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Thermodynamics and Equilibria in Earth System Sciences: An Introduction

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About this book

Thermodynamics is needed to understand many processes on Earth, be they physical, chemical, or biological. Thermodynamics is critical to study the atmosphere (lapse rate, fohn winds, circulation), hydrosphere (latent and sensible heat, pressure dependence of freezing/boiling points), geosphere (geothermal gradients, mineral stability) and the biosphere (redox zonation, evolution of biogeochemical cycles). This introduction to thermodynamics and equilibria aims to provide the basic concepts of relevance for atmospheric, marine, climate, and environmental sciences and to prepare students for more advanced classes in physical chemistry, mineralogy, and petrology.

This is an open access book.

Table of Contents

Frontmatter

Thermodynamics

Frontmatter

Open Access

Chapter 1. Introduction
Abstract
This chapter introduces the macroscopic approach to matter and defines thermodynamic systems and their exchange with the surroundings. The state variables temperature and pressure are presented and linked via the ideal gas law (an equation of state for gas).
Jack J. Middelburg

Open Access

Chapter 2. The First Law: Work, Heat and Thermochemistry
Abstract
This chapter presents the first law of thermodynamics in terms of heat exchange and work. Internal energy, heat capacity and enthalpy are defined and enthalpy changes during reactions and phase changes are discussed. Latent and sensible heat are introduced, and adiabatic processes are related to the atmospheric lapse rate, potential temperature, and the geothermal gradient.
Jack J. Middelburg

Open Access

Chapter 3. Entropy and the Second Law
Abstract
This chapter presents the second and third laws of thermodynamics, both at the macroscopic and microscopic scale. The state variable entropy is introduced, and it changes during reactions are quantified. A spontaneous process is recognized to cause an increase in entropy.
Jack J. Middelburg

Open Access

Chapter 4. The Gibbs Free Energy
Abstract
This chapter introduces the Gibbs free energy and its relevance for the direction of phase changes and reactions. The dependence of Gibbs free energy on temperature and pressure is presented and used to derive the (Clausius-)Clapeyron relation. One-component phase diagrams and Gibb’s phase rule are presented.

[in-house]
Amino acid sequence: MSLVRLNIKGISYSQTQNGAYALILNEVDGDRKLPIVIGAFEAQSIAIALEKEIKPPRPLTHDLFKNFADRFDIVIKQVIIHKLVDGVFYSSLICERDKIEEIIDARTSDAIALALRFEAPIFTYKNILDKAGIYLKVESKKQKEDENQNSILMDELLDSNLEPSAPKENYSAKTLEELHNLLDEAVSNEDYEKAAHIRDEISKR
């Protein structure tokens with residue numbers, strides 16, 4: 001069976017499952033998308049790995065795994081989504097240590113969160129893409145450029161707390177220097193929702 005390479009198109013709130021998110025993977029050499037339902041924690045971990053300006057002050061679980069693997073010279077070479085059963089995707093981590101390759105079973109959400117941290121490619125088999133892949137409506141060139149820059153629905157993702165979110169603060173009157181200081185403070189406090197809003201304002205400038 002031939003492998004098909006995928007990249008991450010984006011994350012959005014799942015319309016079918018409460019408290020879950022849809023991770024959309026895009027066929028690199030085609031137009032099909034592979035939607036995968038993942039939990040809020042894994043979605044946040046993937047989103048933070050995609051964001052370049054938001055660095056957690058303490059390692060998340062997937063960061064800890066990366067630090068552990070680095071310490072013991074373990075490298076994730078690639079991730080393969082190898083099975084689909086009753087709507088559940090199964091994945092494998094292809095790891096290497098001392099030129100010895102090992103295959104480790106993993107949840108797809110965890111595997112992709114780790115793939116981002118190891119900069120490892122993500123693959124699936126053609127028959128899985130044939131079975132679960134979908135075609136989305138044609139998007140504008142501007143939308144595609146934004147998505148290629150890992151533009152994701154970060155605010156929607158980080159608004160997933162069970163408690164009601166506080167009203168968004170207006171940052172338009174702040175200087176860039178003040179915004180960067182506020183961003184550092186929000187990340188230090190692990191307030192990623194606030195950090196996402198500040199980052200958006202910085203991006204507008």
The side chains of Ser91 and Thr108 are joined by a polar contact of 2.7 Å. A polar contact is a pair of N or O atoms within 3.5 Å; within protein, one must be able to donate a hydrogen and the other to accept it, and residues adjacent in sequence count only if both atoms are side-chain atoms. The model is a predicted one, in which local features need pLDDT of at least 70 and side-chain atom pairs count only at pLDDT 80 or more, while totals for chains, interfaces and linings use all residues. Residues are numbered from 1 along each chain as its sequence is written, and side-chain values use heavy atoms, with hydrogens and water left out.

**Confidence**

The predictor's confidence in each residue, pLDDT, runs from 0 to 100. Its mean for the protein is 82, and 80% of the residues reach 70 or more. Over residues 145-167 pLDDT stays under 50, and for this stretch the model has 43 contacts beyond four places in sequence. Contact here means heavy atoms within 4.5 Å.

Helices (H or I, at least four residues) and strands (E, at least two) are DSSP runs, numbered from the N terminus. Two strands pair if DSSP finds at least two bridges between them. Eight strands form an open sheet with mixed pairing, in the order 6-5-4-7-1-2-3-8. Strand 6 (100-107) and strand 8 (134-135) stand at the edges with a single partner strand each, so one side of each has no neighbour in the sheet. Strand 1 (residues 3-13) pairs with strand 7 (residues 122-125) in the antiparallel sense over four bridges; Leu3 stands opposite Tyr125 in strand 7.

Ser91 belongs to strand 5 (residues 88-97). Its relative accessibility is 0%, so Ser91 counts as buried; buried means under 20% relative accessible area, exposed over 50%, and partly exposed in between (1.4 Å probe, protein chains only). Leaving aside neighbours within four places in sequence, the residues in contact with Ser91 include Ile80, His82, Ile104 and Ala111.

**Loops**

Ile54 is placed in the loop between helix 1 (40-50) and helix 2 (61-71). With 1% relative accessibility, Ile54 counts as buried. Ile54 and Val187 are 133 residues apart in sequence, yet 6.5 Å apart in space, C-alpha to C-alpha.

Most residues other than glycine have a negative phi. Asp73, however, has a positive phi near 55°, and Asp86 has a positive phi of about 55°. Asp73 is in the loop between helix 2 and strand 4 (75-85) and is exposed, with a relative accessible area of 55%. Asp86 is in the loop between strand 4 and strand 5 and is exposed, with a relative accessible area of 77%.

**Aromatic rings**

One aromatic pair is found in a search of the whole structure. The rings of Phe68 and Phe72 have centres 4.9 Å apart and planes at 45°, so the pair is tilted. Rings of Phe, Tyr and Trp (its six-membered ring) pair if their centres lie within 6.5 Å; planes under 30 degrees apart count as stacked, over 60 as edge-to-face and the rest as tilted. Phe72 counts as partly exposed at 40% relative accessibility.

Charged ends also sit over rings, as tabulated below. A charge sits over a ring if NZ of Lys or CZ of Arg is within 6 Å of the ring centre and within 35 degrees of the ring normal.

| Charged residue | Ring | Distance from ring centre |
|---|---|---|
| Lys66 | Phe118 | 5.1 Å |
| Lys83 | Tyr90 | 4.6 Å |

Jack J. Middelburg

Equilibria: Solutions, Minerals, Acid-Base and Redox Reactions

Frontmatter

Open Access

Chapter 5. Introduction to Equilibrium
Abstract
This chapter defines equilibrium in mixtures and ideal solutions and introduces the equilibrium constant, its relationship with the Gibbs free energy and its dependence on temperature. Homogenous and heterogenous equilibria are distinguished and solid–gas, liquid–gas and mineral-solution equilibria are presented, including Henry’s law and the solubility product.
Jack J. Middelburg

Open Access

Chapter 6. Acid-Base Equilibria
Abstract
This chapter presents acid-base equilibria and simple methods to calculate the pH of solutions. The inorganic carbon system in water is introduced, including the concept of alkalinity, and methods to solve carbon dioxide equilibria in water are discussed. Earth system science relevant examples such as rainwater, surface waters in equilibrium with calcium carbonate minerals, soda lakes and the physical chemistry of karst systems are presented.
Jack J. Middelburg

Open Access

Chapter 7. Redox Equilibria
Abstract
This chapter focuses on equilibria involving electron transfers (redox reactions). A systematic approach to identify electron transfers and to balance redox reactions is introduced. Redox potential and the Nernst equation are linked to the Gibbs free energy.
Jack J. Middelburg
Backmatter
Metadata
Title
Thermodynamics and Equilibria in Earth System Sciences: An Introduction
Author
Jack J. Middelburg
Copyright Year
2024
Electronic ISBN
978-3-031-53407-2
Print ISBN
978-3-031-53406-5
DOI
https://doi.org/10.1007/978-3-031-53407-2

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